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National Institute of Fashion Technology, Gandhinagar

Apparel Quality
Management

Presentation on
Walter A. Shewhart

Copyright 2010: Esha Gupta || Nandini Gaur || Preksha Sharma || Saumya
1

Walter Andrew
Shewhart

Father of
Statistical
Quality Control

•Born: 18 March 1891 in New 
Canton Illinois, USA
•Died: 11 March 1967 in Troy 
Hills, New Jersey, USA

Walter A. Shewhart- The Father of Statistical Process Control 2

Brief

One of the most notable contributors to modern industry is Walter 
Shewhart, a quality control pioneer. He started his rise to guru status 
as a Bell Telephone employee in 1918. Born in New Canton, Illinois in 
1891, Shewhart set precedents that would be referenced for years to 
come in establishing the importance of information distribution among 
quality managers and production personnel.
 

Walter A. Shewhart- The Father of Statistical Process Control 3

 It was one of the largest manufacturing plants in the country. Walter A. Shewhart. Western Electric  produced hardware for the Bell Telephone Company. a suburb of  Chicago.Co nt. In 1918 Shewhart joined the Western Electric Company to assist their  • engineers in improving the quality of telephone hardware. By 1913 there were 14000 employees and by 1930 there were  43000.The Father of Statistical Process Control 4 . which became the  American Telephone and Telegraph Company (AT&T).  Shewart worked at Hawthorne until 1925 when he moved to the Bell  Telephone Research Laboratories where he remained until his retirement in  1956. The Western  Electric Company manufactured telephone equipment for them and since  1905 its major plant was the Hawthorne Plant in Cicero. The company and its factory grew rapidly with the need for  telephones.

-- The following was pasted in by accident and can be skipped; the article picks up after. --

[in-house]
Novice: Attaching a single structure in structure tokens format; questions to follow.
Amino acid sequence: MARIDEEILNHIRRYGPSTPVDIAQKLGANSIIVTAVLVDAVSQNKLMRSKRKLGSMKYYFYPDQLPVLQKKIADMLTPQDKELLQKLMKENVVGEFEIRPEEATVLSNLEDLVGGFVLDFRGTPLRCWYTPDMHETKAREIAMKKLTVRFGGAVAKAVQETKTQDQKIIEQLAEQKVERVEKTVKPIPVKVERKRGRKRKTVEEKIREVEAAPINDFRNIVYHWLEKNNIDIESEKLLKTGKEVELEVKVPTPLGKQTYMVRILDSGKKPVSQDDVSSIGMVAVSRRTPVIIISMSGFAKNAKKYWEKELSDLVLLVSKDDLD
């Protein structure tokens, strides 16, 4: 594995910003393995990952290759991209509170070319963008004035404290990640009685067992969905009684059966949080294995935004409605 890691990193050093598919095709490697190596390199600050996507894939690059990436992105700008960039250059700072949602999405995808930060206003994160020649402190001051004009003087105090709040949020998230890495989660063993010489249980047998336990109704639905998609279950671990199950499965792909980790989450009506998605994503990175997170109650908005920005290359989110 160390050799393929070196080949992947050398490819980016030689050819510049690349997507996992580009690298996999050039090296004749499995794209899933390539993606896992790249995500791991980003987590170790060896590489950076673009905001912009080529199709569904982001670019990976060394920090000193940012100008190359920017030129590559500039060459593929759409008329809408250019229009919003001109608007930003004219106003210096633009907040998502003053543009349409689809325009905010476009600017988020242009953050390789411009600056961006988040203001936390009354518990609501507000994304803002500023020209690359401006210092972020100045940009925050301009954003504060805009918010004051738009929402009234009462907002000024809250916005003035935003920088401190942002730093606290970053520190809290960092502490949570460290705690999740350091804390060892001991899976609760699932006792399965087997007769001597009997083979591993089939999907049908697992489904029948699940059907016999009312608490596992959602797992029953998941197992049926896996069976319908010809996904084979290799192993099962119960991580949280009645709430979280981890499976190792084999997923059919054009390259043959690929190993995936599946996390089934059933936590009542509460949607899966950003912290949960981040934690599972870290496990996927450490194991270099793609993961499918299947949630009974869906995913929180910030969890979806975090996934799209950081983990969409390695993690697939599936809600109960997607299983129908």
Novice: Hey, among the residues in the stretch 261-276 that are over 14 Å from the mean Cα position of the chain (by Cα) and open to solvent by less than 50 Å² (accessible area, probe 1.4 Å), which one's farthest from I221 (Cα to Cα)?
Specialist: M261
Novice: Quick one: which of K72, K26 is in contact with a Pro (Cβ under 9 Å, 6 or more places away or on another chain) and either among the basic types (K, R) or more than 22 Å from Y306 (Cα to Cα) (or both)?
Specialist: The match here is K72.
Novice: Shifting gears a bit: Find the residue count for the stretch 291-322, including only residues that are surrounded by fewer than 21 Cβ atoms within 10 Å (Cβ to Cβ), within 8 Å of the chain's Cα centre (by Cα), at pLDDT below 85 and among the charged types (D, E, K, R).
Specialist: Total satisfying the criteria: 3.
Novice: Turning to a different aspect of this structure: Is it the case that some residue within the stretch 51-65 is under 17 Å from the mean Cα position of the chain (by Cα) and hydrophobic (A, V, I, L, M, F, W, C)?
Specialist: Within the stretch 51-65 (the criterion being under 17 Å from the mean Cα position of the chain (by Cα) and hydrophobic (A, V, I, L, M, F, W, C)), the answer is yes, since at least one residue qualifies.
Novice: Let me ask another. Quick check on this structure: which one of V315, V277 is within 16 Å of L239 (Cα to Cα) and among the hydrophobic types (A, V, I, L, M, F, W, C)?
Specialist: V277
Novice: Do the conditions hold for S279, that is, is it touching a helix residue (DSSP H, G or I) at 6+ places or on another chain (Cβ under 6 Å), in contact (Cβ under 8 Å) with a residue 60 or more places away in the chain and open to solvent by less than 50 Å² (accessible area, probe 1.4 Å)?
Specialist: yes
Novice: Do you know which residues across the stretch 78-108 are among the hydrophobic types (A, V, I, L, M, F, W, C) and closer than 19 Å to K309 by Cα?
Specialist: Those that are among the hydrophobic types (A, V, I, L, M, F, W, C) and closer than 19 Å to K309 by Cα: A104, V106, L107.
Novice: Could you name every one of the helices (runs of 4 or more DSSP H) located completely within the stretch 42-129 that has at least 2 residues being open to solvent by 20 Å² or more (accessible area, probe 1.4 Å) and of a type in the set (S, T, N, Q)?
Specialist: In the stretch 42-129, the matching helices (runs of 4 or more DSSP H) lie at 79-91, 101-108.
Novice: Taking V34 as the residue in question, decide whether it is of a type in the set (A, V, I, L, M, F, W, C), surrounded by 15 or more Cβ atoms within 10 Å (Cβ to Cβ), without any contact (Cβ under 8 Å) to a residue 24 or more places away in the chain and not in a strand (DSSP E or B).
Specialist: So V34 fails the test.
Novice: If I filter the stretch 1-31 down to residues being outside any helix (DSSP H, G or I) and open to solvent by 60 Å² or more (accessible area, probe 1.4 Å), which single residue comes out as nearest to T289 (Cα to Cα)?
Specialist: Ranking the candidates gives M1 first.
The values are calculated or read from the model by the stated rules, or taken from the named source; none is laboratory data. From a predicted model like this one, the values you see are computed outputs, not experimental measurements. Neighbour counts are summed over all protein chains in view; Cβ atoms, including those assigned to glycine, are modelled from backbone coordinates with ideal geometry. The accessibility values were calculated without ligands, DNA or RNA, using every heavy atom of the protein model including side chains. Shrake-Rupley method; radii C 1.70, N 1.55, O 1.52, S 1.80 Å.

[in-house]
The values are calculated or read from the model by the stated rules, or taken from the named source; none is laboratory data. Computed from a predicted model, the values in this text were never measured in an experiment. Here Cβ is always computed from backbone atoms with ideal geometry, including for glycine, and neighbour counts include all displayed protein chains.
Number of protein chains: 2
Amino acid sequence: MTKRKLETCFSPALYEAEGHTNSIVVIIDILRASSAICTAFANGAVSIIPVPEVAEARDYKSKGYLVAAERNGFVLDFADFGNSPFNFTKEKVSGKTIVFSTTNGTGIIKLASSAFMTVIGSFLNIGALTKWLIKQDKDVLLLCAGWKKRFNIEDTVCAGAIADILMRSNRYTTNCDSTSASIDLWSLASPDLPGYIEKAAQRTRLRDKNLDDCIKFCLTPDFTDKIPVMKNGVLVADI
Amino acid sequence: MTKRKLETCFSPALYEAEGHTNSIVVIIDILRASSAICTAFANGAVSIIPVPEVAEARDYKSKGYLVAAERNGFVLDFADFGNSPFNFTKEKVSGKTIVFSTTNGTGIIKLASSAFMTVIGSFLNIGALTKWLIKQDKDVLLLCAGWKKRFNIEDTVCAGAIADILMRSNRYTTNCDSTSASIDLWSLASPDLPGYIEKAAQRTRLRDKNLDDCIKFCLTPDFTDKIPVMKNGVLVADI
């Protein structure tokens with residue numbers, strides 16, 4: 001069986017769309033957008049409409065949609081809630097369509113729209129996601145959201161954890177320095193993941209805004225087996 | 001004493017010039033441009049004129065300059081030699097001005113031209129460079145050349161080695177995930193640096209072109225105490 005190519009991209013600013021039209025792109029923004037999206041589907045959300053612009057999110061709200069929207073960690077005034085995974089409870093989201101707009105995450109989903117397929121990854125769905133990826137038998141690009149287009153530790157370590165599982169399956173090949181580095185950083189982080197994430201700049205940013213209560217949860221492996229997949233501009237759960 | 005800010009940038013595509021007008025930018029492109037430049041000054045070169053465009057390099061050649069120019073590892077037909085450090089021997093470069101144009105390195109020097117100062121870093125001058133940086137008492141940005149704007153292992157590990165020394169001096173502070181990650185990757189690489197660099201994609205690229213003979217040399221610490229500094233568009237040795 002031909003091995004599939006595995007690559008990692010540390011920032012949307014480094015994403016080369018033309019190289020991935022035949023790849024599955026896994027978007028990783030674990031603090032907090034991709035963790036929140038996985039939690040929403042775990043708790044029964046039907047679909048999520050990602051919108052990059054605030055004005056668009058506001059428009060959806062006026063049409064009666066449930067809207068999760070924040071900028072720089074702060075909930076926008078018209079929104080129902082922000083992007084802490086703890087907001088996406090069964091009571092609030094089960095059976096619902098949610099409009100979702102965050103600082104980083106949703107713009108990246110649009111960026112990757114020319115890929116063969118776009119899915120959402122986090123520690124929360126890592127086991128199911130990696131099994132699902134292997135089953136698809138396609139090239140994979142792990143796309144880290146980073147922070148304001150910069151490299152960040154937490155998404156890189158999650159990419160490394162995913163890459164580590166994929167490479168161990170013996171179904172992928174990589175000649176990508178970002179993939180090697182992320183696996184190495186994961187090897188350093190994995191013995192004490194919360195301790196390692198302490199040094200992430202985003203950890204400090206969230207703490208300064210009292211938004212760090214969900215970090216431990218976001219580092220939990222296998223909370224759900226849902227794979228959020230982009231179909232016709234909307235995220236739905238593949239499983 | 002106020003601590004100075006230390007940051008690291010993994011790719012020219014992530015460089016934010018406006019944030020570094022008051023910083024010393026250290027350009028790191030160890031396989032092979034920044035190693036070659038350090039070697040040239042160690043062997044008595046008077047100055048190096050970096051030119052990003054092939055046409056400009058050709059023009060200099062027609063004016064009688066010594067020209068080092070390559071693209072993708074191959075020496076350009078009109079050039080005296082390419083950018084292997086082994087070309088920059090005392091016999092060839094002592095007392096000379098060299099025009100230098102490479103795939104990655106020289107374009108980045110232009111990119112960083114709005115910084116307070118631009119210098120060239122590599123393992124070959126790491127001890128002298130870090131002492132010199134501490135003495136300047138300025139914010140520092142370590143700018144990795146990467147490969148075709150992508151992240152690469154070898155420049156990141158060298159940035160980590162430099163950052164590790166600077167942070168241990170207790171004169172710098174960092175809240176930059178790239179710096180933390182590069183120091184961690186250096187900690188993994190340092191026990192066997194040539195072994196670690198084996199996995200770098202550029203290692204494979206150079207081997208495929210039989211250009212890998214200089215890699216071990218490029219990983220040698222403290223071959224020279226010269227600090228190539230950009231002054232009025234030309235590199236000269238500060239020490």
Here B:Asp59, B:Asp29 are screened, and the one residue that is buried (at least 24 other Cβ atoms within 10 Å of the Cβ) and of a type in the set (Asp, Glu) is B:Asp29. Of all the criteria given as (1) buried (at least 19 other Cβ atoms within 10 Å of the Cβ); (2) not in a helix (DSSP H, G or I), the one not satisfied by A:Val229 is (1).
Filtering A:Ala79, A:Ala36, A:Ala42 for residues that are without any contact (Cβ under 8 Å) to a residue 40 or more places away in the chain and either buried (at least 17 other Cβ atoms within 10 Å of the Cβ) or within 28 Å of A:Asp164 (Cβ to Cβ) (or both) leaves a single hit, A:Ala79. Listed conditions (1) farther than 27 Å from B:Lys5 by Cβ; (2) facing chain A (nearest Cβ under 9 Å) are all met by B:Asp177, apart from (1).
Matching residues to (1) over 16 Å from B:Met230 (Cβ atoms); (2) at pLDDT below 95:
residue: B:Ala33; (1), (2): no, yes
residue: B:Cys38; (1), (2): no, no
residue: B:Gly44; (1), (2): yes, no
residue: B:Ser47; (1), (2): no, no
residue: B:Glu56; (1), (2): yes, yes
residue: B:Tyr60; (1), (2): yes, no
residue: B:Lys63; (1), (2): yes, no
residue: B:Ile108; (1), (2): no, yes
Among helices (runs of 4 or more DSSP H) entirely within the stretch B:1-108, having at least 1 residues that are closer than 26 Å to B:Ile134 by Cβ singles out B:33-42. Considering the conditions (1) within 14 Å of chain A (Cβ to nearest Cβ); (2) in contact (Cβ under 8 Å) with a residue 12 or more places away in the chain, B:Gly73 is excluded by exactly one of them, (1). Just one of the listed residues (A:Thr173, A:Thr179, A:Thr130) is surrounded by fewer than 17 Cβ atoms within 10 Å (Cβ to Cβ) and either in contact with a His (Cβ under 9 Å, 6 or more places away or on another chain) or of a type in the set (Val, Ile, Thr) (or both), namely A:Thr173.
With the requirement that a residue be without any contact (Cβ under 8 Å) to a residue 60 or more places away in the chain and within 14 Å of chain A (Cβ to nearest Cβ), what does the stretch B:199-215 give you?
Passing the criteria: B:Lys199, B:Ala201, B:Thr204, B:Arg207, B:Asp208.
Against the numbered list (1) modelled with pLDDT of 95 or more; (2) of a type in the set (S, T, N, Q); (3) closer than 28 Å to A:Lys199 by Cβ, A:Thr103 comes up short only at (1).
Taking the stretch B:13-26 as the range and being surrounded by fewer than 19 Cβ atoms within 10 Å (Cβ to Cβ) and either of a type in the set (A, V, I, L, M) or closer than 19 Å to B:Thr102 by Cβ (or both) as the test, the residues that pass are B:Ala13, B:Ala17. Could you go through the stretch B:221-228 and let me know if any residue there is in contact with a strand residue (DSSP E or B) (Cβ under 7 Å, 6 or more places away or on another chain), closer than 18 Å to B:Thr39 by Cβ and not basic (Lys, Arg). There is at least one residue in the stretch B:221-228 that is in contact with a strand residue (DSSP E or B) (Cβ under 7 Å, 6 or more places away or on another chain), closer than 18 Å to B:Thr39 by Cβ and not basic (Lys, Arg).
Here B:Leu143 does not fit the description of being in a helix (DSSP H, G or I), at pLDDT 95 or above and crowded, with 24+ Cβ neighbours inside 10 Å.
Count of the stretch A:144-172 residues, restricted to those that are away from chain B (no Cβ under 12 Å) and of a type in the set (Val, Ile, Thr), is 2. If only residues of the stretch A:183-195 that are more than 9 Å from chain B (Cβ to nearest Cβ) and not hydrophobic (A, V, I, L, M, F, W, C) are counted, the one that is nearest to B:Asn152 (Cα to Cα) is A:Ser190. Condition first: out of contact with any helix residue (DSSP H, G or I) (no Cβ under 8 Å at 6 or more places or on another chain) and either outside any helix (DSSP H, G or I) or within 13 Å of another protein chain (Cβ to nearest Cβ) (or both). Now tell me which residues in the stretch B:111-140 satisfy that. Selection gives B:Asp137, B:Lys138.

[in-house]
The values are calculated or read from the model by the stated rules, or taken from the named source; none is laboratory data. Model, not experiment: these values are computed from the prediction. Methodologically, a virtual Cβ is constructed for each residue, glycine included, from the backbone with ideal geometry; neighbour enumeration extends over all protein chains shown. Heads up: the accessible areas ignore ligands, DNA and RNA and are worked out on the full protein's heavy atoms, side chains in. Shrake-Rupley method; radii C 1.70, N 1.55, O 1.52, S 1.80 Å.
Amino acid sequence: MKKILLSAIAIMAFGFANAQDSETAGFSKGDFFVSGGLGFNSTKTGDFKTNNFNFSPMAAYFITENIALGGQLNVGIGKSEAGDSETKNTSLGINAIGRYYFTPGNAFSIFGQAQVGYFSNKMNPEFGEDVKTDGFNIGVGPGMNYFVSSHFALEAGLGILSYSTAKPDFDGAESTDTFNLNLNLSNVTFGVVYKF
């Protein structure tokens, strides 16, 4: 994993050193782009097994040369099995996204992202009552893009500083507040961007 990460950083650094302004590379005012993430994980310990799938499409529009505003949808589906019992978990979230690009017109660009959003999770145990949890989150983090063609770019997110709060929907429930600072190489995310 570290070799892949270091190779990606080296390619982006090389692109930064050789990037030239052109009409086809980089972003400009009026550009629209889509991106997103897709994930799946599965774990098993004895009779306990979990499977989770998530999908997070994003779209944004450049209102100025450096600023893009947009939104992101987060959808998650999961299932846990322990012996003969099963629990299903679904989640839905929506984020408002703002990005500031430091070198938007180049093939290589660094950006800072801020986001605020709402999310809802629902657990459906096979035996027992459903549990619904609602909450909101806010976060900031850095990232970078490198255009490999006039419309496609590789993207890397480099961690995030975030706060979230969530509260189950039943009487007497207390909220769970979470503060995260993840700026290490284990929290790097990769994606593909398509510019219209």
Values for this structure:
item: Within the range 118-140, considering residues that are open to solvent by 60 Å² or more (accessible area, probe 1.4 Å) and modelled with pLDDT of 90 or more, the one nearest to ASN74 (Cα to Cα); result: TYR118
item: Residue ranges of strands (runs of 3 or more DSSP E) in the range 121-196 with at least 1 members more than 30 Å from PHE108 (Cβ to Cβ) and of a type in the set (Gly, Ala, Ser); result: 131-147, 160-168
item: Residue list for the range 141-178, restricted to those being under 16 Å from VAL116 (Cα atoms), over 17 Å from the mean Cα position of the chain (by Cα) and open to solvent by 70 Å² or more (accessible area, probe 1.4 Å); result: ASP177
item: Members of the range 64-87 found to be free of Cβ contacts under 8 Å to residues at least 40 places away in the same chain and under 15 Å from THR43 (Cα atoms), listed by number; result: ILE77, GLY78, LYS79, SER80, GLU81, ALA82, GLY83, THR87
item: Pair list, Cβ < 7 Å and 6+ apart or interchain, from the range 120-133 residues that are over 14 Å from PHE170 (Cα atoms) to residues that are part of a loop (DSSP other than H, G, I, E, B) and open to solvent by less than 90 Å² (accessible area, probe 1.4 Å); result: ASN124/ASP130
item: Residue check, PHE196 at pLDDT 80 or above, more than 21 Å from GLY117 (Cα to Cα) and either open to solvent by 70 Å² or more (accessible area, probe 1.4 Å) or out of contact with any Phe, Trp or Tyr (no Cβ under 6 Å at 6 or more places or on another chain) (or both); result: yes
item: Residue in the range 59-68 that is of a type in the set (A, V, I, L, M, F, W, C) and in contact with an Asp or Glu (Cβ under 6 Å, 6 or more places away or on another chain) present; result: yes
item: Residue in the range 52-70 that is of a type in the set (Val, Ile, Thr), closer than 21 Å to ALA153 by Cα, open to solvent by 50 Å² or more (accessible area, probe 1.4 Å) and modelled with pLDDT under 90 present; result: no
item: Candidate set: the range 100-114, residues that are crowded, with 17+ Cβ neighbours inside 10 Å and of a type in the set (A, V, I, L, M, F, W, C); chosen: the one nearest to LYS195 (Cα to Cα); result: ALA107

Shewhart.The Father of Statistical Process Control 5 . Walter A. Shewhart met and influenced W Edwards  Deming who went on to champion Shewhart's methods. and Juran are often considered to be  the three founders of the quality improvement movement. Juran & Deming While at Hawthorne. Shewhart. Shewhart. Deming. Joseph Juran  also worked at Hawthorne from 1924 to 1941 and was influenced by  Shewhart.